On Trash Bags and Transformation

Personal transformation can occur in an instant, yet it can take us much longer to concretely cultivate change in our habits, choices, and the systems we inhabit.

In response to the blog I wrote earlier this week on racism, a few people noted that we live in a time where slavery is no longer legal, Jim Crow laws are no longer in effect, and people ought to "move on" from a slavery mentality. In thinking through this, a helpful analogy came to mind: Trash.

I know many sustainability-minded people who, like me, take out the trash every few days. We still buy things shipping in plastic containers. We parents of infants may still have disposable diapers we're throwing away (even when Courtney and I were primarily cloth diapering, we still supplemented with disposables that don't ever go away...). We can talk a big sustainability game, see the flaws in our systems, and do the best to start making new behaviors now. And yet,

The system is still in effect.

My recognition that I am still creating waste and contributing to the waste pile didn't stop me from doing it, nor did it overhaul the system overnight. Not only am I still throwing away rubbish, so are many (most) others.

Sure, we recycle. There's been some improvement. There is legislation to reduce, reuse, recycle as well as plenty of propaganda to coach people to do more of this. However, we are still constantly creating waste.

Back to racism: The system is still in effect. Some very old programming and code we built into the fabric of our country is playing out like a bad game. Sure, maybe not all of the wealthy land owners are white supremacists, but white supremacy is still baked into the recipe of our system. Jim Crow laws may not be in effect, but we have a school to prison pipeline and all kinds of profiling and assumptions that are reinforced day to day. We may have hidden the landfills from common view, but we're steeped in the filth of this "whiteness trash."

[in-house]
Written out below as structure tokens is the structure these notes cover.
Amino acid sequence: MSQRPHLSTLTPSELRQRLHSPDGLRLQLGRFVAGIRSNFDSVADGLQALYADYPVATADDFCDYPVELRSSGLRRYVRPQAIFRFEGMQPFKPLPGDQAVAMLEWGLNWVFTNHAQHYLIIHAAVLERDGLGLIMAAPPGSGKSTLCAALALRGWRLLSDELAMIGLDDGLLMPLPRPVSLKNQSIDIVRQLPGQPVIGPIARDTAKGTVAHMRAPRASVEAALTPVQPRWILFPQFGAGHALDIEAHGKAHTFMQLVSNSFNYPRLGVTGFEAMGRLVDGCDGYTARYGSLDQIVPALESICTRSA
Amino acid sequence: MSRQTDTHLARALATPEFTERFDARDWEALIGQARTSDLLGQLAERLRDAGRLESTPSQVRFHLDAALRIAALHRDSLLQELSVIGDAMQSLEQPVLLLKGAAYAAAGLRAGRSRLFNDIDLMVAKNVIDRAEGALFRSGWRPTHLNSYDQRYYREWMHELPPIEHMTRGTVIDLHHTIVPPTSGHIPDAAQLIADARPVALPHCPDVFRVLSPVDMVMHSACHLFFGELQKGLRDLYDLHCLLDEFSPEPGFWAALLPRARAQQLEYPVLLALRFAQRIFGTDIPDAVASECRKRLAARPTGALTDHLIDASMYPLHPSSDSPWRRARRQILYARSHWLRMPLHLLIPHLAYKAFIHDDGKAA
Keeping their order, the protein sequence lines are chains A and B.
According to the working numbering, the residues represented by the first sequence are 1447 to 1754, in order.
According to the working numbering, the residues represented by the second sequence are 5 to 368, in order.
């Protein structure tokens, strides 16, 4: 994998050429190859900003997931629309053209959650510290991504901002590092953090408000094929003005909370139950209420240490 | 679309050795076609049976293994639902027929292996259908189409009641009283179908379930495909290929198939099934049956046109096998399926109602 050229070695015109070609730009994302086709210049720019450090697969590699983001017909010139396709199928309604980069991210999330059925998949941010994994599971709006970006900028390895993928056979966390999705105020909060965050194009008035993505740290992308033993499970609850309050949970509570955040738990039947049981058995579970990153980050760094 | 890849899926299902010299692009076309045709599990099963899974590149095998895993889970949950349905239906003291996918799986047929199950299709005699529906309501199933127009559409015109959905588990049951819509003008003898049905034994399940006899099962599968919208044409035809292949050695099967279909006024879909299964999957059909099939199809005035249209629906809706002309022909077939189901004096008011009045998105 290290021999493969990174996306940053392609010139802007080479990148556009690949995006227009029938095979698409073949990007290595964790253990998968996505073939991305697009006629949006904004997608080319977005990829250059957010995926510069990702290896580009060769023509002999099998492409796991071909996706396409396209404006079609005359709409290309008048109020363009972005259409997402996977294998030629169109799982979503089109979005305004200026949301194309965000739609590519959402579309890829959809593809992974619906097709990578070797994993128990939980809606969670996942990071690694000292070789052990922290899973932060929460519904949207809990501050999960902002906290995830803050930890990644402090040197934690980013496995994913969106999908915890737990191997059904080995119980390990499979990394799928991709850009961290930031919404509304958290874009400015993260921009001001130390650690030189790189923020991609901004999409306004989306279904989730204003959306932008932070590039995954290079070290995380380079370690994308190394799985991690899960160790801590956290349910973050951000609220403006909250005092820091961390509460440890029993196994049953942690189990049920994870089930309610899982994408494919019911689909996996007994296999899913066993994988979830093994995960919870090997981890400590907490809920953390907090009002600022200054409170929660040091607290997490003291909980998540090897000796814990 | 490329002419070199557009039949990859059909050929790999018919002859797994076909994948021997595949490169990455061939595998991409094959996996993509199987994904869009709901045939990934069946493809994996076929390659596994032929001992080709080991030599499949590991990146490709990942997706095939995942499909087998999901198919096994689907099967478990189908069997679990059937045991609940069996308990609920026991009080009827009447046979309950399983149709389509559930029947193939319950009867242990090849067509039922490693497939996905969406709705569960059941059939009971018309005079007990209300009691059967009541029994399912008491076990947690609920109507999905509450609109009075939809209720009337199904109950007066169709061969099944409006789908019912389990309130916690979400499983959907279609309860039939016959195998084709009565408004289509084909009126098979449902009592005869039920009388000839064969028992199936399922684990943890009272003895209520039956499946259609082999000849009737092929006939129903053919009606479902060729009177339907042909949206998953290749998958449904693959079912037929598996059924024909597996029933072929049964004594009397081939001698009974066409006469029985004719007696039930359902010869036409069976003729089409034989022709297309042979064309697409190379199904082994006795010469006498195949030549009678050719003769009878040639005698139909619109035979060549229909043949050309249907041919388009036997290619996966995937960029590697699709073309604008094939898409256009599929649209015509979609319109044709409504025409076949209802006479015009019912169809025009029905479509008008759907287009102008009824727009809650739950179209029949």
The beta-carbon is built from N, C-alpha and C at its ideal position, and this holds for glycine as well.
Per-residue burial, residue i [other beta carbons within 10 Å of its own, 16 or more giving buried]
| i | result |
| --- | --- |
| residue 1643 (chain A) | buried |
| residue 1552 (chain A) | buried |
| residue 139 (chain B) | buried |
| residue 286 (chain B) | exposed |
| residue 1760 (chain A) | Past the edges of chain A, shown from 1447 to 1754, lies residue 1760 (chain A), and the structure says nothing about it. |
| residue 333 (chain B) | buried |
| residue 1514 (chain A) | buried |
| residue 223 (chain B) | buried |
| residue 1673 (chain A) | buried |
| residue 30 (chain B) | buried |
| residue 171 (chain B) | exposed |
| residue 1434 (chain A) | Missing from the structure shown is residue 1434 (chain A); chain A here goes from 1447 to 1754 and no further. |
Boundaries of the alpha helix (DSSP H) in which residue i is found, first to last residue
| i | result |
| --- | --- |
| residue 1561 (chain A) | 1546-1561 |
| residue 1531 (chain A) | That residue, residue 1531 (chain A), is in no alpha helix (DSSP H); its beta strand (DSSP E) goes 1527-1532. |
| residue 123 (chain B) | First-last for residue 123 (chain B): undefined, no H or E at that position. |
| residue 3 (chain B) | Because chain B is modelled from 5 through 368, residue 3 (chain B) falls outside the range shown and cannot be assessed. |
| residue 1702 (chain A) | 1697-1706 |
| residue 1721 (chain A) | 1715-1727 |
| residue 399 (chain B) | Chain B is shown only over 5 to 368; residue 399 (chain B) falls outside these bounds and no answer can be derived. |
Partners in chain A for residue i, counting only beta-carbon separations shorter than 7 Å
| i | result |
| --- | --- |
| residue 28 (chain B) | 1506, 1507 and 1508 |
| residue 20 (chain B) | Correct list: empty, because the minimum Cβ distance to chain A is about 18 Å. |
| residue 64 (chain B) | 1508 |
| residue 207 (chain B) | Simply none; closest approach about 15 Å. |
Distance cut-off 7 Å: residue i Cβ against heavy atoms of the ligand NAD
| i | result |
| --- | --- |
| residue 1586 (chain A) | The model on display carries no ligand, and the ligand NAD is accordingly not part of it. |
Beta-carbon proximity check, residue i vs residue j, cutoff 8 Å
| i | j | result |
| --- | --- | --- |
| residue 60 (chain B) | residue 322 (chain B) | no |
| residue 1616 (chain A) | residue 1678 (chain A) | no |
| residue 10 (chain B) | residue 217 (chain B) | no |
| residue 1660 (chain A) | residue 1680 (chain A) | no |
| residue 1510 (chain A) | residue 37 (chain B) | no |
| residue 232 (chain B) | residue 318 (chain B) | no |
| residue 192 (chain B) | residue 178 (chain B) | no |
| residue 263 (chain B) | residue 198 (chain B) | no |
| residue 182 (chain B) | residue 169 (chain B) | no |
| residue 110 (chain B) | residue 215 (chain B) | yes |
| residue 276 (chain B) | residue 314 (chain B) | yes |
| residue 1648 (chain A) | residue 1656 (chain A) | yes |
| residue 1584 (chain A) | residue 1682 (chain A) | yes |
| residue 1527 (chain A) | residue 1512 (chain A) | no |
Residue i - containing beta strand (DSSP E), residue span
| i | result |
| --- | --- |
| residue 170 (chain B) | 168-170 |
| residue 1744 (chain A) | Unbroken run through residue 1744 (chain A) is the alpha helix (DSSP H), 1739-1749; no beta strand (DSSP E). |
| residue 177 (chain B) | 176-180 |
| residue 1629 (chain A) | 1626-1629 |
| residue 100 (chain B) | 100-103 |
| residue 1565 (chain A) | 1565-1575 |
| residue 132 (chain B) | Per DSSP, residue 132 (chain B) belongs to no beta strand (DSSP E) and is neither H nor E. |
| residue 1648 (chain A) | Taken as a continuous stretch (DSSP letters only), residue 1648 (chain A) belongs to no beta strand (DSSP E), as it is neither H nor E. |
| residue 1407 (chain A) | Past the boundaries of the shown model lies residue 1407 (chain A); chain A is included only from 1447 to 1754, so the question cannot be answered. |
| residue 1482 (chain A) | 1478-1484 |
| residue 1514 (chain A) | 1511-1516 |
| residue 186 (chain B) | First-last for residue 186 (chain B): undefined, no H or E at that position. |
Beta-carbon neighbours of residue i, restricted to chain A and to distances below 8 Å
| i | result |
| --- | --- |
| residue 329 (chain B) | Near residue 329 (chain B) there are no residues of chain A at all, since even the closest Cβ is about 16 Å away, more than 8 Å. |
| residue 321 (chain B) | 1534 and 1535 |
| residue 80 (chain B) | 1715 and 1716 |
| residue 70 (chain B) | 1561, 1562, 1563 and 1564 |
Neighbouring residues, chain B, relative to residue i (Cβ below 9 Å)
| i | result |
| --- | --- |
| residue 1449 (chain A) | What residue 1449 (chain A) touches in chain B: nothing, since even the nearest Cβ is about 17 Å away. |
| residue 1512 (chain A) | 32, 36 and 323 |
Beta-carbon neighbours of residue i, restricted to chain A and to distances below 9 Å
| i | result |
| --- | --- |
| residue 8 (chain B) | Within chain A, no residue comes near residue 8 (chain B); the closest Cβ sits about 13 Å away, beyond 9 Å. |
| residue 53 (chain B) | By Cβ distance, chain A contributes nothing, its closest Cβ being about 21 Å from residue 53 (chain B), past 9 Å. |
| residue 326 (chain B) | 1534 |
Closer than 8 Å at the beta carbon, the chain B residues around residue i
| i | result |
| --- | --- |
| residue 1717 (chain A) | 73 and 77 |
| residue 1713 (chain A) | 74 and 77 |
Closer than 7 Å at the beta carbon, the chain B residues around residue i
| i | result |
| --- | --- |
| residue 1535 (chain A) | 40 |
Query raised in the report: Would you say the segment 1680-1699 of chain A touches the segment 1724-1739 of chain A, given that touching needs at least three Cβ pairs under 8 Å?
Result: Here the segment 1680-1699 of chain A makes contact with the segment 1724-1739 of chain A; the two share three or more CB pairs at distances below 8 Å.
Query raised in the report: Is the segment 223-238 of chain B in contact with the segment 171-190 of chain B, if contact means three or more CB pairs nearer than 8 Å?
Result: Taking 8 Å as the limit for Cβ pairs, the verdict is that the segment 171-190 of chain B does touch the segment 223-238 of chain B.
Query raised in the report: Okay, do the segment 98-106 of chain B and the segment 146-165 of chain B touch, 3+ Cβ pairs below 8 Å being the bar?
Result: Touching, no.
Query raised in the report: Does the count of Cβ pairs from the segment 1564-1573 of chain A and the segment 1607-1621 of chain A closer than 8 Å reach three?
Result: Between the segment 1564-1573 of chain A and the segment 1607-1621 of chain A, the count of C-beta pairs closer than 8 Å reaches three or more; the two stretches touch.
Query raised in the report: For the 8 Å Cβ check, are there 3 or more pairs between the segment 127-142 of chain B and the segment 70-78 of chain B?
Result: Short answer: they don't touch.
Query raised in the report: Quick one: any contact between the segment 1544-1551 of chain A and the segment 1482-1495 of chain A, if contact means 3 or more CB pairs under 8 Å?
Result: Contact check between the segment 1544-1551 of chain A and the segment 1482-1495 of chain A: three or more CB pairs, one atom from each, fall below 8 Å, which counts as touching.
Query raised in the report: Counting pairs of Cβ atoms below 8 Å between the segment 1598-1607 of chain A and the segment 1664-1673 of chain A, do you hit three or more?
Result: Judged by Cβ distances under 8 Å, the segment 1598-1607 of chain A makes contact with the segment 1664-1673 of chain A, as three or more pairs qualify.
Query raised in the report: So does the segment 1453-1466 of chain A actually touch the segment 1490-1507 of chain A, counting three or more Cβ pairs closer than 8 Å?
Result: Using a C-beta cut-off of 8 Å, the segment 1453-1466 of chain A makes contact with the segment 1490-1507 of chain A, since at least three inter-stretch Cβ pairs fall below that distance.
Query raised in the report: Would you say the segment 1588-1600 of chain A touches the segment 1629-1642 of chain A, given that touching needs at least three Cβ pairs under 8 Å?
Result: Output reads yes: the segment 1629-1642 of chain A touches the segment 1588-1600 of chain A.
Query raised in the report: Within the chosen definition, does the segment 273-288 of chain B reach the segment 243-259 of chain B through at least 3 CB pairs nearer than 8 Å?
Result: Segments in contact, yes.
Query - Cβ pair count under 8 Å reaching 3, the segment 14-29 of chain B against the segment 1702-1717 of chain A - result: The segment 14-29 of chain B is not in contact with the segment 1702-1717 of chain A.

I still believe in personal power. I still see how important an "inside-out" personal transformation is for any kind of lasting change. I also see how we need to assess and address our systems.

What do our smallest actions contribute to and how are they shaped by the systems we inhabit?

We must consider this and other questions as we take account for ourselves and begin to tear down and reshape the systems and powers that be. Whether the issue is race, sustainability or something else, we need both personal and systemic transformation.

Photo by Hermes Rivera on 

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